2. God is helping us to see opportunities we haven’t taken advantage of yet. That’s the spirit. Most never look far enough to see opportunities. They kind of wallow in the ‘what was’ versus reach for ‘what might be’, and that’s sad for camping. So kudos to you for opening your eyes and doing the hard work of finding opportunity in the midst of the current environment. Now put in place that good foundation for building the future on. Examining (by way of measurement) your current systems in light of what will be needed is simply prudent leadership.

3. We want to excel at what we currently do. Pardon the cliche, but many camps already have a winning formula.They’ve just grown tired, lazy in leadership and stopped watching and being fully engaged. Never settle for mediocrity if you’re on to something. Reach for excellence. Have an attitude of excellence. While you’re measuring performance, ask for confidential feedback from your stakeholders to reveal what they think really has the capacity to carry the organization and its programming to excellence.

4. We think we can de even better. Maybe slowly, almost without people knowing it, a lot of what once made camp vibrant has slid slowly downward. Like #3, things have been allowed to relax and what’s left has lost its lustre. But, you know the organization can do better. You believe things are “that close” to taking on a vitality once again. Perhaps it’s going to take some substantial changes in approach to once again make it the top-of-mind experience parents want their kids to have each and every year. Or maybe the infrastructure and leadership model has passed its prime and needs a major overhaul. Measure and find out for sure, then ride on that wave of insight.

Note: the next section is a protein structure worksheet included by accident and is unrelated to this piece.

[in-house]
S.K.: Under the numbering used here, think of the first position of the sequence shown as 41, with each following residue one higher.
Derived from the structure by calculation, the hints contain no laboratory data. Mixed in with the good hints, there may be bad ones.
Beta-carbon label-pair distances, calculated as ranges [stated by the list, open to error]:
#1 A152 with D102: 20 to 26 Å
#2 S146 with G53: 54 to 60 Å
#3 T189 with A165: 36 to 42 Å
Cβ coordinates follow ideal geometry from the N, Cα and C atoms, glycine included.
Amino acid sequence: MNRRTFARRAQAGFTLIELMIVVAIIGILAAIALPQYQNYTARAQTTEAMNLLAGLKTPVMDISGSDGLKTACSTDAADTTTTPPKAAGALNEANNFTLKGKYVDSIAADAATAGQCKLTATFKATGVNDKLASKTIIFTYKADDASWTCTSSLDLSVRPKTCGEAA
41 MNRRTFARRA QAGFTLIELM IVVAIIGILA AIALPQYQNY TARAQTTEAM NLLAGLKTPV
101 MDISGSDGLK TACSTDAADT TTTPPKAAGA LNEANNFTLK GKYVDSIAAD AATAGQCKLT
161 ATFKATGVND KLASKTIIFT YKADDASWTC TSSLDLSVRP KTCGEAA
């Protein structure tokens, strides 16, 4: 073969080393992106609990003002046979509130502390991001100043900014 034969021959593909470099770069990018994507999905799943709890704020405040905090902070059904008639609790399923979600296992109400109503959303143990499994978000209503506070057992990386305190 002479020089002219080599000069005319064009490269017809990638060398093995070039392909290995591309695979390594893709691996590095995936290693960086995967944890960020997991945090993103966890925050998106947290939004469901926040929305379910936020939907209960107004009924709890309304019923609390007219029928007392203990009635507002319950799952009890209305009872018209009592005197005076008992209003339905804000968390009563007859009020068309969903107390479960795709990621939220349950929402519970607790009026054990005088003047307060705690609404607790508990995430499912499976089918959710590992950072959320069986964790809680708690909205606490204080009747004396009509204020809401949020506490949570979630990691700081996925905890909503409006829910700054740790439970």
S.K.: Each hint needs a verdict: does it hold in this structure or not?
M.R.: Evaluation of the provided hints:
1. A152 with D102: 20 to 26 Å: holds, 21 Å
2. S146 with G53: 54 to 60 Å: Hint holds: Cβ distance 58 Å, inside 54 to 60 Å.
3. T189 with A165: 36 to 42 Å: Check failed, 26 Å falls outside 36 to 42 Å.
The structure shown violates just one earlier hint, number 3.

5. We want to be benefit from what others are experiencing, so we can move ahead. You’ve looked around. Other Christian camps are doing well, thriving perhaps. Ministry is taking place, staff are enthusiastic and campers are returning year after year. That’s what you want but you know something isn’t allowing that to happen. You’ll find the answer from your Stakeholders. Collectively they know, pick up on things or have perceptions that you must understand. Measure to learn.

6. We want to complete our return to standards we were once known for. Standards have gone down. Years of not paying attention have left camp depleted of what it takes to get staff and campers to return with previous enthusiasm and engagement. Sure, stuff still happens. But you know the bar needs to be raised once again. Leadership and staff need to reach for better performance each and every day. Measurement and inquiry will tell you what needs to be paid attention to.

Responding to the Negatives